• June 14, 2021

    Michael Karpoff Speaks at the CAI Connecticut Chapter on Condos and Constitutional Law – Flags and Free Speech

    Michael Karpoff recently was the featured speaker for “Condos & Constitutional Law – Flags and Free Speech,” a webinar conducted by the Connecticut Chapter of the Community Associations Institute (CAI). 

    Michael explained that Connecticut does not recognize either a Federal or State constitutional right to speech on private property or in private organizations.

    However, other sources provide rights to speech for community association members in the State, such as provisions in the association governing documents, the governing board’s fiduciary duty, and rights implied by and derived from the relationship established between the association and its members.

    Connecticut also has a number of statutes expressly giving common interest owners rights to obtain information and share information and comments.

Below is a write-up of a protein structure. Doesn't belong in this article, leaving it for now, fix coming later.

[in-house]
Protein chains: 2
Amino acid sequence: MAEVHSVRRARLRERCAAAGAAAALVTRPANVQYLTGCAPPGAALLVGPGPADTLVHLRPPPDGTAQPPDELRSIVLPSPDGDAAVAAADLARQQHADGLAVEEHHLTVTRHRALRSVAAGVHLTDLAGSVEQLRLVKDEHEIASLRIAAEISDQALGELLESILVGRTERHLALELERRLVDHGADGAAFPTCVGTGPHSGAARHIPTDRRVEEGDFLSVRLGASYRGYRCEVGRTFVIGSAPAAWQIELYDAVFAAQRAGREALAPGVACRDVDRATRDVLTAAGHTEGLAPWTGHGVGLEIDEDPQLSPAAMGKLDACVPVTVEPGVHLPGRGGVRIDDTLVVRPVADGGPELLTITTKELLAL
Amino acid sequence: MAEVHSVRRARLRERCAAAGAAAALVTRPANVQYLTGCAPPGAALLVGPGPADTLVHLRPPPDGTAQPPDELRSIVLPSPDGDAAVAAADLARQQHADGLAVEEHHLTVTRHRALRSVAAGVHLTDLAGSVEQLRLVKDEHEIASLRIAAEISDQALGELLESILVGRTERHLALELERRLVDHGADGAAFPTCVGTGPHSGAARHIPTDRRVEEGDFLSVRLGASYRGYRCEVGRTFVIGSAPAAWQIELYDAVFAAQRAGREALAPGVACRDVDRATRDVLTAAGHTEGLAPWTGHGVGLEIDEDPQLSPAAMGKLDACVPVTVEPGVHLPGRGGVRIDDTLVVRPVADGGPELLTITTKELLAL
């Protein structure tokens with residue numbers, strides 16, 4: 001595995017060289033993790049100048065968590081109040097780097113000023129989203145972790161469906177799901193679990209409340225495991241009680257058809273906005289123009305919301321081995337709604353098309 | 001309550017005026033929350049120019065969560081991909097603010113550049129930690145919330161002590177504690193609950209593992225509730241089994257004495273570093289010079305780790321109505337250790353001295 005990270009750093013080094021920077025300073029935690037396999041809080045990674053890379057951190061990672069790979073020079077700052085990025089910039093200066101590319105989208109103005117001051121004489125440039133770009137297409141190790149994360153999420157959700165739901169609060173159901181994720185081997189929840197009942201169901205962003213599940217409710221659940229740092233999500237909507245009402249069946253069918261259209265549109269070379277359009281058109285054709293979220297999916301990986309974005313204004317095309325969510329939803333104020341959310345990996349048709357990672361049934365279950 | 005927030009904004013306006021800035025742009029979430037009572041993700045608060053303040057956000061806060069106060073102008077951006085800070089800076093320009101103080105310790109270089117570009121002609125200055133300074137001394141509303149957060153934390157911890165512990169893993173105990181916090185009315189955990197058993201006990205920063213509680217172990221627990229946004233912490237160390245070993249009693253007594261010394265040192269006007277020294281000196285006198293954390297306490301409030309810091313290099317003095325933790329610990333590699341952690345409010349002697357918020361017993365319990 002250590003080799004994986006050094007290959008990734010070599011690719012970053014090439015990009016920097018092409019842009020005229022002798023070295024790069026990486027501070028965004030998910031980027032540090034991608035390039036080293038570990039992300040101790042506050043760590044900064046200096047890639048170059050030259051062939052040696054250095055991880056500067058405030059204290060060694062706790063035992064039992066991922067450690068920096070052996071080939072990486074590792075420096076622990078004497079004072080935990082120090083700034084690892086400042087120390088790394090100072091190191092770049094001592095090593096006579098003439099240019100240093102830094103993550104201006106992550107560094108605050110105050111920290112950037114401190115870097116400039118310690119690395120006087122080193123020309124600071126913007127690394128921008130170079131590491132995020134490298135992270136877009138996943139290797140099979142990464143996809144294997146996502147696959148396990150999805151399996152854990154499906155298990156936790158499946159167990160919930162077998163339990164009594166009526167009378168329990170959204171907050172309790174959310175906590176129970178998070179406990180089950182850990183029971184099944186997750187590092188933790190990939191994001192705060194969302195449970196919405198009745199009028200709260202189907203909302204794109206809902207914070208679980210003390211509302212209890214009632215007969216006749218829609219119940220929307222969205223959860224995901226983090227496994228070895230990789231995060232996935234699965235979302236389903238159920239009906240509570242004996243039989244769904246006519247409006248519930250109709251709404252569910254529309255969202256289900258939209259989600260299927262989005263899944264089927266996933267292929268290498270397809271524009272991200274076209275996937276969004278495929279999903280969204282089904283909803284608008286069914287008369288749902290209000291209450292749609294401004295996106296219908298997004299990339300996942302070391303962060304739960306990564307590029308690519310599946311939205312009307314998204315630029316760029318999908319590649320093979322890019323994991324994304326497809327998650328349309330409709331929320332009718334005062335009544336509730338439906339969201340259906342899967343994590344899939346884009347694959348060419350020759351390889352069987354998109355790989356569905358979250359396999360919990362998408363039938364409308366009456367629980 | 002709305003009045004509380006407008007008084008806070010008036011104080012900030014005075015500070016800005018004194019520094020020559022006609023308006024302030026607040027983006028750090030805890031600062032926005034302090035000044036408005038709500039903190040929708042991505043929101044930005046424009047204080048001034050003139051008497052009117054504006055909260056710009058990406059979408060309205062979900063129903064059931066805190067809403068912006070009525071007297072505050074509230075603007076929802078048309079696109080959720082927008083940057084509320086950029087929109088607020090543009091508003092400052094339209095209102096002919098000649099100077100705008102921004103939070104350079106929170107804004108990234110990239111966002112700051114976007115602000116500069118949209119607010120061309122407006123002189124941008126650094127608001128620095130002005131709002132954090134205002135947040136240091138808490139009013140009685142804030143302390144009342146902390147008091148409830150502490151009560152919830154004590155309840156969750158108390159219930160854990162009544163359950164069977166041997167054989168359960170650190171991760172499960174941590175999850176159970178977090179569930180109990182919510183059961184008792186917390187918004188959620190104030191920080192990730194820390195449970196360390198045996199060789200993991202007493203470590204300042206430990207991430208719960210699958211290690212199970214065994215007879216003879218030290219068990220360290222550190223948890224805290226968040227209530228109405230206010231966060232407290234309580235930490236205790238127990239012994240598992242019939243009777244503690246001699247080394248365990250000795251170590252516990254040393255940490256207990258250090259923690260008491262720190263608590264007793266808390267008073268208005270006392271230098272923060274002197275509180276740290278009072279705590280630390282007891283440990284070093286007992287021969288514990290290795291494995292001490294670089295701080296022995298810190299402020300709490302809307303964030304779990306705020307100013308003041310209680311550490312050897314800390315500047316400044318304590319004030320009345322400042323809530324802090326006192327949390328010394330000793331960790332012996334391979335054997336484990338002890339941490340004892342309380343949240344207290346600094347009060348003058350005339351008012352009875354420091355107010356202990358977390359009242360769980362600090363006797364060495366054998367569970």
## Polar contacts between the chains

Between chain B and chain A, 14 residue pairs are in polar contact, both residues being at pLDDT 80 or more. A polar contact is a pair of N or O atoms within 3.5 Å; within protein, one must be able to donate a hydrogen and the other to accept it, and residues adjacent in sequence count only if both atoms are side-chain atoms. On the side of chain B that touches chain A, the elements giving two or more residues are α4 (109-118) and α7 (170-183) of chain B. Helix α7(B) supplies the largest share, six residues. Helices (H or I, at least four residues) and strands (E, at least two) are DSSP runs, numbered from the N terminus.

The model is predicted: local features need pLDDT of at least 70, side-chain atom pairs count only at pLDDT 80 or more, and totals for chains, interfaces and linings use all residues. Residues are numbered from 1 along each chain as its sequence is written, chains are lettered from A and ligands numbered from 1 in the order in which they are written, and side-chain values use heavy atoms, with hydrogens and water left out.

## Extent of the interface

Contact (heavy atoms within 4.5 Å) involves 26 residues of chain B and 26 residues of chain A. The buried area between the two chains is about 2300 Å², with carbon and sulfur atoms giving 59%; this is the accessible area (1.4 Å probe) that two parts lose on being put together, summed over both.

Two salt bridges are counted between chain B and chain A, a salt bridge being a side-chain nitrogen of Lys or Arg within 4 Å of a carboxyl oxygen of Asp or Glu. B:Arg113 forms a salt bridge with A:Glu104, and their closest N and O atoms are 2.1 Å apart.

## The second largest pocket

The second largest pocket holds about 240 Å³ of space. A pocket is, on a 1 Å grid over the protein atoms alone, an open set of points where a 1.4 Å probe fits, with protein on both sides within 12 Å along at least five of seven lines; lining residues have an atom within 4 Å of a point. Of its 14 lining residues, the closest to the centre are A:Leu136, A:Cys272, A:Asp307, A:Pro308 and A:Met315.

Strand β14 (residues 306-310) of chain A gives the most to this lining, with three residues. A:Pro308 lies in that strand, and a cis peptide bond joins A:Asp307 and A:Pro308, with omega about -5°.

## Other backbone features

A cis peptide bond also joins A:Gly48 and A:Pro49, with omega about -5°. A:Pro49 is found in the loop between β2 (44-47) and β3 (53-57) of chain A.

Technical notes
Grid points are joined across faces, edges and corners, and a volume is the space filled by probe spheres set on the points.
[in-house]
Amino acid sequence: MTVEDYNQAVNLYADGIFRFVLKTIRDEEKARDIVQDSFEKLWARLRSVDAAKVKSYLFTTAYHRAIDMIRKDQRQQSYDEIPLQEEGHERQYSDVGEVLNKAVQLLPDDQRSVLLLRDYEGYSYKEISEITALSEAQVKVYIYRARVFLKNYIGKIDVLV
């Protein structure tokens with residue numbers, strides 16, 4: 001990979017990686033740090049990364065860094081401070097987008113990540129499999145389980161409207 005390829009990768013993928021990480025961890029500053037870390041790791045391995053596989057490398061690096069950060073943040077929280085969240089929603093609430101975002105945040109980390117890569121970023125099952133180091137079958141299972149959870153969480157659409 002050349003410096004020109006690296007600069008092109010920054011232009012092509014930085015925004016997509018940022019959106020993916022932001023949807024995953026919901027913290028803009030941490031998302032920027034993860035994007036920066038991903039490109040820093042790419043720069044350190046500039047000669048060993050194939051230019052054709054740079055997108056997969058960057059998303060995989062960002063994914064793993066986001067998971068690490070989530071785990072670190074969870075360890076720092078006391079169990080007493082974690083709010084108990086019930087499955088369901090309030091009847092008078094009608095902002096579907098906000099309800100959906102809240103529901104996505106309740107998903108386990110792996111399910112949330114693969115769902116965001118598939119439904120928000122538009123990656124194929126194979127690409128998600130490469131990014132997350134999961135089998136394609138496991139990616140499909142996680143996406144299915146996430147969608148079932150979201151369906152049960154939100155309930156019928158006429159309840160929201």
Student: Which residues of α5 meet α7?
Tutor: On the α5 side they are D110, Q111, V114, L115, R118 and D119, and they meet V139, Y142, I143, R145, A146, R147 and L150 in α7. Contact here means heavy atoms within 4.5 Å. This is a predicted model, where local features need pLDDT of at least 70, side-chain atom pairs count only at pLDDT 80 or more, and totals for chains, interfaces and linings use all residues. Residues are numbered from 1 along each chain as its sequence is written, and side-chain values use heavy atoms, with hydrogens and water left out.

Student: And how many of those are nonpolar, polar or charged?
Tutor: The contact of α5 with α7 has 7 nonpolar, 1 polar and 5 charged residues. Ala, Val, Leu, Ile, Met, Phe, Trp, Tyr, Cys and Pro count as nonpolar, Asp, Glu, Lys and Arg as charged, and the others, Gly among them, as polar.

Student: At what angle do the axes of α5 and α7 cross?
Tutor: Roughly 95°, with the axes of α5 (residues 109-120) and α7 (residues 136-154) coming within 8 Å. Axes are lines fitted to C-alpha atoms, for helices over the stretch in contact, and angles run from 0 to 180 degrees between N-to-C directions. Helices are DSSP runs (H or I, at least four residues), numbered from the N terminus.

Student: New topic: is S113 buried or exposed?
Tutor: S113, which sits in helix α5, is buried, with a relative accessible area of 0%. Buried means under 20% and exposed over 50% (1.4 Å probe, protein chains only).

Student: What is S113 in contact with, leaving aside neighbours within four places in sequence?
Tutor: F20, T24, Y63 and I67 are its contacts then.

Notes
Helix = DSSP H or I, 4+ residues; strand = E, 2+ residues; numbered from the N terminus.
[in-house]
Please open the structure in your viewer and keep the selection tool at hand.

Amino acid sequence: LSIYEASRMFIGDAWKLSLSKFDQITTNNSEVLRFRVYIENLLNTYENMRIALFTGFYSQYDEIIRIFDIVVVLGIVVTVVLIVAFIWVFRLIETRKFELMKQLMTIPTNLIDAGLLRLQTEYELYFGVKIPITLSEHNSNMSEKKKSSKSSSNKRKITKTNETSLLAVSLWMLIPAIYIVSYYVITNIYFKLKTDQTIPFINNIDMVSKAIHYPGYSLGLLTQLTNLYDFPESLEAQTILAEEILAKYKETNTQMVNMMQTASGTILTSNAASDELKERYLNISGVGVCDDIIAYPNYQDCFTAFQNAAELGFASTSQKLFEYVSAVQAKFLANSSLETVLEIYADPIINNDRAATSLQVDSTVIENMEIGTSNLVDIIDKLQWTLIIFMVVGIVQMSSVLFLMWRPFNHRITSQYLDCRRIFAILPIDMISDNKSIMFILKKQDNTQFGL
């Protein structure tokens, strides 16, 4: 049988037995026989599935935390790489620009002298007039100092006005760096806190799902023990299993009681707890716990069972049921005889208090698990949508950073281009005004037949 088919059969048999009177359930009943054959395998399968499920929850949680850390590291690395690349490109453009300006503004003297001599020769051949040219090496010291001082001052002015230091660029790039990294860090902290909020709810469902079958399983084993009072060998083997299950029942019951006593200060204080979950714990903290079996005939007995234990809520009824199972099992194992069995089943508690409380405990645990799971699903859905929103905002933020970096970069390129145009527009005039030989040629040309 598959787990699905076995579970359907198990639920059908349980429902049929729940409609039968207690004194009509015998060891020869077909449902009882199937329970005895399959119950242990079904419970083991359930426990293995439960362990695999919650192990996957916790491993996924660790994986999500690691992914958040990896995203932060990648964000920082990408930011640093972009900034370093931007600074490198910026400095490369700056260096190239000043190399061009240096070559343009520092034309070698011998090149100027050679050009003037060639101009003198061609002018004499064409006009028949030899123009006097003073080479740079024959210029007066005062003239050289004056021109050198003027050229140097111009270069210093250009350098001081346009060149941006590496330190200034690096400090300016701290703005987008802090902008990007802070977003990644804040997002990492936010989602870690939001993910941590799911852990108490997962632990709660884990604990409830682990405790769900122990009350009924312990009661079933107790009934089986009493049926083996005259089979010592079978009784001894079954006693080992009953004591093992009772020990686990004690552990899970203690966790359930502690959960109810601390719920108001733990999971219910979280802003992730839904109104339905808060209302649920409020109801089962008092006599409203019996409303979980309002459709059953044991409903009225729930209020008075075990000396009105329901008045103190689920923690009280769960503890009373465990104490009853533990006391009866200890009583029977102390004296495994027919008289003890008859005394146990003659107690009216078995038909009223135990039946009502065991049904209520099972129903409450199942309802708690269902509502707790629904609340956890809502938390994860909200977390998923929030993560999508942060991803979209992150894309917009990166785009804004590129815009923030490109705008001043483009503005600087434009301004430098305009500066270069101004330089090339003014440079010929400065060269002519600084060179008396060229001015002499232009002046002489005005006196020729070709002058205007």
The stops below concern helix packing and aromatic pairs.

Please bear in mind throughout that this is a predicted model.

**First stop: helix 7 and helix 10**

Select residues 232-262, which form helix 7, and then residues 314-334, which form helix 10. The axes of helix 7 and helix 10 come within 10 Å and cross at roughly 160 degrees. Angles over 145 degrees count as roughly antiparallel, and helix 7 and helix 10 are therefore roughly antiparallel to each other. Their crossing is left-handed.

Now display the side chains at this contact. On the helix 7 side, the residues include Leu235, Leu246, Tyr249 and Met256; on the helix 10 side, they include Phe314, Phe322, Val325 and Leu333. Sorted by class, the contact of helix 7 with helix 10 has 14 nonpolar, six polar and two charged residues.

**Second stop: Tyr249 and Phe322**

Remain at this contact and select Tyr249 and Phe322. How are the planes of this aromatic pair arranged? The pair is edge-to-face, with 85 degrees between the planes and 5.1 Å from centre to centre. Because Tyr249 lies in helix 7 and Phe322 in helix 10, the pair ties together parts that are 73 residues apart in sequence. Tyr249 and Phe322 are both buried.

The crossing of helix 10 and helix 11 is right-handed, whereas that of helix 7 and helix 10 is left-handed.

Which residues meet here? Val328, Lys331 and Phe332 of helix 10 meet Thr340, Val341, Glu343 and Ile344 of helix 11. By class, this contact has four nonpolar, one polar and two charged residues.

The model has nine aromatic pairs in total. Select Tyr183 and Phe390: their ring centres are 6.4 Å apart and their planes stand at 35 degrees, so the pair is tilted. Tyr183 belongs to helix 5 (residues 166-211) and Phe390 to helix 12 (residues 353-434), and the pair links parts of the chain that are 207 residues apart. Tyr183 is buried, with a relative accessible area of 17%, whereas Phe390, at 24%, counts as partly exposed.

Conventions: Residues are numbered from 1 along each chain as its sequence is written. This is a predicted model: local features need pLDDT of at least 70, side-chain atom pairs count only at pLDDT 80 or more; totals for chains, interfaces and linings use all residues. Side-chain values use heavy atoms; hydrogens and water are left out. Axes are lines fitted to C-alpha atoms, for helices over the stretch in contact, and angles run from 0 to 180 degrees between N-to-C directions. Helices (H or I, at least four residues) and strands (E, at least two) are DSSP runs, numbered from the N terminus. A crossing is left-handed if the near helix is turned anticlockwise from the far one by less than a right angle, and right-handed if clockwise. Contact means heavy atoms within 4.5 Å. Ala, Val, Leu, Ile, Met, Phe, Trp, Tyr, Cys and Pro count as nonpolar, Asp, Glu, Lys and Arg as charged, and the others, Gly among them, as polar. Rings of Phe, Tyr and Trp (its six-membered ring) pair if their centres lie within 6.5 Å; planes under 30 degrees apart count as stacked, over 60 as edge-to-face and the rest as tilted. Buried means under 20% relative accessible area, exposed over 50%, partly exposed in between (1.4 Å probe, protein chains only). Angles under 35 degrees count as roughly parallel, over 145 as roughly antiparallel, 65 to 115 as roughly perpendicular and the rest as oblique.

A focus of the presentation was the extent of associations’ rights to regulate flags, signs and banners. A number of statutes require associations to allow homeowners to display the United States flag, the Connecticut State flag, and certain types of political signs, but communities may establish reasonable time, place and manner restrictions. Other displays may be prohibited in the discretion of the association. 

    Nevertheless, associations are advised to enable their members to reasonably communicate with the board and with each other, to assure that any restrictions are reasonable, and, except as required or allowed by statute, to treat members equitably, without discriminating based on message or who the speaker is. 
    Michael is a fellow of the national College of Community Association Lawyers and is certified by the Supreme Court of New Jersey as a civil trial attorney. He has written numerous articles concerning common interest association law and particularly the right to speech in community associations and has lectured on such topics for the Community Associations Institute’s national Community Association Law Seminar, the New Jersey and Pennsylvania/Delaware Valley Chapters of CAI, as well as Seton Hall Law School and the N.J. Institute for Continuing Legal Education. 

    He served as chairman of the New Jersey State Bar Association’s Common Interest Ownership Committee and as a member of the Editorial Board and Peer Review Panel of the Journal of Community Association Law. He also served as a member of the board of directors of the New Jersey Chapter of CAI from 2008 to 2013 and as a member of CAI National’s Amicus Curiae Review Committee.